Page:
Atlantic Forest

Atlantic Forest

The Atlantic Forest , one of the richest biomes in biodiversity on the planet, was a tropical forest that extended over 1.3 million km 2 , covering the entire Brazilian coastline, from the Northeast to the South.

With the deforestation process started in the colonial period, this ecosystem currently has just over 1% of the original area. The territory where before there was a dense vegetation cover is now occupied by cities, agricultural areas and pastures.

Found in different latitudes, the vegetation of the Atlantic Forest varies according to the rate of rainfall, presenting a great biological diversity , superior even to that of the Amazon. Due to the felling of trees, urban invasions and the predatory use of the soil, the little that is left of the forest is currently protected by environmental laws, with the multiplication of federal, state, municipal and private conservation units.

According to Nexticle, the conservation effort is of great importance, as the region concentrates a large contingent of population that depends on the survival of the remnants of the Atlantic Forest to guarantee the water supply of the cities in its surroundings. It is precisely human action and the occupation of houses that generate the environmental impacts and destruction of this complex ecosystem, formed by araucaria forest, mangroves, restingas, inland swamps, highland fields and coastal and oceanic islands.

Atlantic Forest Biodiversity: flora and fauna

The Brazilian Atlantic Forest is considered one of the richest ecosystems on the planet, due to its great biodiversity. Such diversity includes not only the variety of species itself, but also the genetic variety within species; and, in an even broader sense, the variety of ecological niches and habitats occupied by organisms in the ecosystem.

Recent expert assessments reveal that the number of known species in Brazil represents around 14% of the world’s biota. It is estimated, however, that there are around 2 million different species of living beings in the country, most of them not yet studied or known to science. In this way, Brazilian biodiversity would actually be around ten times greater than what is currently known.

A large part of this diversity of species of microorganisms, plants and animals lives in the remnants of the Atlantic Forest, mainly in its Northeast (equivalent to the so-called Discovery Coast) and Southeast portions. The latter is considered the third most threatened tropical forest on the planet , after the forests of Melanesia and Madagascar. In certain regions of the Atlantic Forest, more than 450 species of trees can be found per hectare , which results in more types of wood than those found in the Amazon Forest .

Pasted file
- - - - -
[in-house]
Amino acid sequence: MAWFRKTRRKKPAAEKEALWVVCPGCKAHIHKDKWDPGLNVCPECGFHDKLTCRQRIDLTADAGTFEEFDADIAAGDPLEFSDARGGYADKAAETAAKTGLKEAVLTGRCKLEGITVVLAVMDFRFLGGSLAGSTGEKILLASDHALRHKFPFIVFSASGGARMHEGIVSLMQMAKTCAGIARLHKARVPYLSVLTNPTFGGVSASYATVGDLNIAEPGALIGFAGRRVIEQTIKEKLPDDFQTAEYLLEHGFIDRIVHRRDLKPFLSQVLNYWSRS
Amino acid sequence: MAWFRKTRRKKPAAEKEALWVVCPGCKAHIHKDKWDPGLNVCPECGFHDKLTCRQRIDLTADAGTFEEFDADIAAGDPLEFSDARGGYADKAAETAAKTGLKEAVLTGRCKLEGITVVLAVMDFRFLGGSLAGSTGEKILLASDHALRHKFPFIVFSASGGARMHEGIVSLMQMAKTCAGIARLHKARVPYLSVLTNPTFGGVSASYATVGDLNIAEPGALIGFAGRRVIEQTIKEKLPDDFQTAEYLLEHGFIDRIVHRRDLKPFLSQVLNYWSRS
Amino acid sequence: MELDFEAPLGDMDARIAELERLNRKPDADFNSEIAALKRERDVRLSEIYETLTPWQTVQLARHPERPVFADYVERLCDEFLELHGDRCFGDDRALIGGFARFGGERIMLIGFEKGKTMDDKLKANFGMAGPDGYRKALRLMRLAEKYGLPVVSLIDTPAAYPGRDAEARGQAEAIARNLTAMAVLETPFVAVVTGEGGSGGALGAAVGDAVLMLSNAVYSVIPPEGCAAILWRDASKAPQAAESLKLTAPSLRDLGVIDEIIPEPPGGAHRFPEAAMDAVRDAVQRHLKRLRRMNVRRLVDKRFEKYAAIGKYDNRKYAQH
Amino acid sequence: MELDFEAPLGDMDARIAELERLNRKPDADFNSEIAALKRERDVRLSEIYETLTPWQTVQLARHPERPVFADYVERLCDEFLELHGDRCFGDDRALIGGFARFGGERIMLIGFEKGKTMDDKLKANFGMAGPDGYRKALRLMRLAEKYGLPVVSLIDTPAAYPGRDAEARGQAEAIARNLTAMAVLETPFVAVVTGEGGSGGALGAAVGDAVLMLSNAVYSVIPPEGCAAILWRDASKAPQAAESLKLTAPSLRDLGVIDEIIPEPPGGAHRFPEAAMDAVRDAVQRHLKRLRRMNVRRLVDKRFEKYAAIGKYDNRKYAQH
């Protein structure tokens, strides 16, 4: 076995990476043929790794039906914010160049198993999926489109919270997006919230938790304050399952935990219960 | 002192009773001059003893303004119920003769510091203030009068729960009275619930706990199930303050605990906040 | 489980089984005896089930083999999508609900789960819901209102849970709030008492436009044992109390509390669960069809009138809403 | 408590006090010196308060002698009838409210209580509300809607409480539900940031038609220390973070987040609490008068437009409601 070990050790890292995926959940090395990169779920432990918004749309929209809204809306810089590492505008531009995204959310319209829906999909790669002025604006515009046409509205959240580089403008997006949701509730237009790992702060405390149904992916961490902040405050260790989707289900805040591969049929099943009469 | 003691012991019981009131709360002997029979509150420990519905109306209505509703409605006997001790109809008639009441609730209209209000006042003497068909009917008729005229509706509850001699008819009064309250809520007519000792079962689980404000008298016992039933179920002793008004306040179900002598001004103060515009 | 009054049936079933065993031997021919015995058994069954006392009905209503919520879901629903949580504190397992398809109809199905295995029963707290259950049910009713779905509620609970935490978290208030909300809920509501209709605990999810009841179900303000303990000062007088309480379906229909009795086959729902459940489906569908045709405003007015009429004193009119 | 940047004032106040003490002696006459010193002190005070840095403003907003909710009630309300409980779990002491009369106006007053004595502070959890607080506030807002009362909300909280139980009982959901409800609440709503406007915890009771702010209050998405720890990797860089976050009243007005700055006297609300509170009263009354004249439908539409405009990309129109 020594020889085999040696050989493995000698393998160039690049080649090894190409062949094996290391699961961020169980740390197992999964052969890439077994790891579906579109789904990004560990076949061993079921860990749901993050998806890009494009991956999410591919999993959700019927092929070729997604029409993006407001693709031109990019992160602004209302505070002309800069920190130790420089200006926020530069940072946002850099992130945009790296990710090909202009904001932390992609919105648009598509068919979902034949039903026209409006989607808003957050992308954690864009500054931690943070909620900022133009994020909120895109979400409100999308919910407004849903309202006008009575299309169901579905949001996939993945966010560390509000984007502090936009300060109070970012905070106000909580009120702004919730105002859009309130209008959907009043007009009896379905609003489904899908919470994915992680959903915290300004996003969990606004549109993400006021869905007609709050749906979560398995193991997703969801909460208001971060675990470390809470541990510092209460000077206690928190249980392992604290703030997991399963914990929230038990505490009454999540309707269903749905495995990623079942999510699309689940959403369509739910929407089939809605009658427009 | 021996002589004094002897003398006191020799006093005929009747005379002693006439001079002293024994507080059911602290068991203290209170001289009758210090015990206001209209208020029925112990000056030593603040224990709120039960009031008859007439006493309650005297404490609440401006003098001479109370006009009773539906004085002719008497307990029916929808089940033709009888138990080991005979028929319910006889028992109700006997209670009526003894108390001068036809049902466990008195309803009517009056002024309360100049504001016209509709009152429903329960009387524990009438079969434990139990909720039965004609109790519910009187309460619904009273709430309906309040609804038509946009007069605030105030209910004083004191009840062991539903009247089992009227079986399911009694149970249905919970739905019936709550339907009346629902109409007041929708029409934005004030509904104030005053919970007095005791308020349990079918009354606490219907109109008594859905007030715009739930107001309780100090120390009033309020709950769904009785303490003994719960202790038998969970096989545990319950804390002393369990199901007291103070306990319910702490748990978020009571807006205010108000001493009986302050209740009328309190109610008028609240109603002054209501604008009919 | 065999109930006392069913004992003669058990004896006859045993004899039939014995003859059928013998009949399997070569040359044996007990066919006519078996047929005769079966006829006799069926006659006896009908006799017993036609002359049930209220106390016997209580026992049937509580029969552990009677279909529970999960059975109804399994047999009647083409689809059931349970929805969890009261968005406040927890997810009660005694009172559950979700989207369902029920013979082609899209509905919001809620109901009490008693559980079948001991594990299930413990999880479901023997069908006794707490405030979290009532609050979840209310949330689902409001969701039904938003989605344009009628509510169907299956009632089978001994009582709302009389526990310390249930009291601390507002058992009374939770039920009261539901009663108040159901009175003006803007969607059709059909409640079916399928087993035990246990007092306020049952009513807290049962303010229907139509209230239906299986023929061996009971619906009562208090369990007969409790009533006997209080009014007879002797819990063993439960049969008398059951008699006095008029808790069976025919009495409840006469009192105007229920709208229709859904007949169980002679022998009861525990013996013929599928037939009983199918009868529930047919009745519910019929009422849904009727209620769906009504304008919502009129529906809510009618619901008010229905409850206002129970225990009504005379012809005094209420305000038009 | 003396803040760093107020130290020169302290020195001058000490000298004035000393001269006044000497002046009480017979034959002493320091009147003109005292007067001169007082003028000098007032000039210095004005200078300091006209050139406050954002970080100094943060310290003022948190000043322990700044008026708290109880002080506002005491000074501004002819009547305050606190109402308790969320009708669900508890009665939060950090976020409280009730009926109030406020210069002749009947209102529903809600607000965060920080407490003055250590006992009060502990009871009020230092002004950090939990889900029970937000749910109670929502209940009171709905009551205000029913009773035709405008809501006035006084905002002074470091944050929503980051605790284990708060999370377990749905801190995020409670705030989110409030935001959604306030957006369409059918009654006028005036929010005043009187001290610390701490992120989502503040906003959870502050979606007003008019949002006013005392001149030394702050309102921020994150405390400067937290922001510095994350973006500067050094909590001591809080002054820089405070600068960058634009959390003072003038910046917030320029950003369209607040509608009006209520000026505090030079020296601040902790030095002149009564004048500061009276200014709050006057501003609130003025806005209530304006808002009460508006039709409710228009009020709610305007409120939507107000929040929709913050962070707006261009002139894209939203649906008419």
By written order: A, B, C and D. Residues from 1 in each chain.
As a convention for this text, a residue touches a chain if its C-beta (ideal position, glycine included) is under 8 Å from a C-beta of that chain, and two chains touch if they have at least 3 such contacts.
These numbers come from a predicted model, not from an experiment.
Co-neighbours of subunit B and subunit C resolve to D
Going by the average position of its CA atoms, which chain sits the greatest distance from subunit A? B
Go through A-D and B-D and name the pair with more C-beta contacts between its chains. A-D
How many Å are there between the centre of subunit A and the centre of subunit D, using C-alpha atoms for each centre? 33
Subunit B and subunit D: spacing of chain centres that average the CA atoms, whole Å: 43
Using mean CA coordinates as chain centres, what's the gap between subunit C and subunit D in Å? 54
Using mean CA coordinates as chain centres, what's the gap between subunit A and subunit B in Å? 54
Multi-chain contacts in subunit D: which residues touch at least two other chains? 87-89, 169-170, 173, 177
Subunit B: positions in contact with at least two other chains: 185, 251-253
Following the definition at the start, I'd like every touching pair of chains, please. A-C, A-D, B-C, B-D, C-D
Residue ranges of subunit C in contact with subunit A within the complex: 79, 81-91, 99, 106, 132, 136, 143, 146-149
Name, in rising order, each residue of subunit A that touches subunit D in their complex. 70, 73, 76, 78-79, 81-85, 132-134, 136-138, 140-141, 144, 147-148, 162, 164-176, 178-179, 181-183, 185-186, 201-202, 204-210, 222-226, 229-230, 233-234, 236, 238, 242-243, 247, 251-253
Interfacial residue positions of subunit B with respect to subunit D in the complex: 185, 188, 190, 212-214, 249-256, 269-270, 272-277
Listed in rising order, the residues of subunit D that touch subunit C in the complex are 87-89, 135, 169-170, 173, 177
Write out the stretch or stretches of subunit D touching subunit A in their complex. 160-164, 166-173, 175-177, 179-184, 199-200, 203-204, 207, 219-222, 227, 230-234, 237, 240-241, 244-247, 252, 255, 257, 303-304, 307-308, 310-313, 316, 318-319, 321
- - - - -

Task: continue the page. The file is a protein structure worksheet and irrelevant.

The ecosystem known as the Araucaria Forest is part of the Atlantic Forest biome. Originally, the Paraná pines covered 40% of the territory of Paraná, 30% of Santa Catarina and 25% of Rio Grande do Sul. But the occupation of southern lands, intensified in the 19th century with the arrival of European immigrants, and the economic value of wood resulted in accelerated deforestation, and today the ecosystem conserves less than 3% of its primitive area.

As for fauna , the Atlantic Forest contains many species identified as deserving of special conservation care, given the risk of extinction they run due to the degradation of their environment, abusive hunting and other factors that contribute to the decrease in their number. Noteworthy in this case are the various species of mammals, especially primates, many of which are at immediate risk of extinction, such as the black-faced lion tamarin, the mono-charcoal tree, the howler and the marmoset. white face.

Also characteristic of this ecosystem and equally threatened are the maned sloth, the black urchin, the jaguar, the ocelot and the bush dog, in addition to many species of birds, reptiles and amphibians.

Unfortunately, the current remnants of the Atlantic Forest are seriously threatened by urban expansion, illegal hunting and extraction, the advancement of farmland, etc. Certain measures already recommended by specialists should be put into practice, such as the implementation of “ecological corridors” linking the different forest fragments, in order to enable and expand the gene flow between the different populations of the ecosystem, preserving its biodiversity.

Atlantic Forest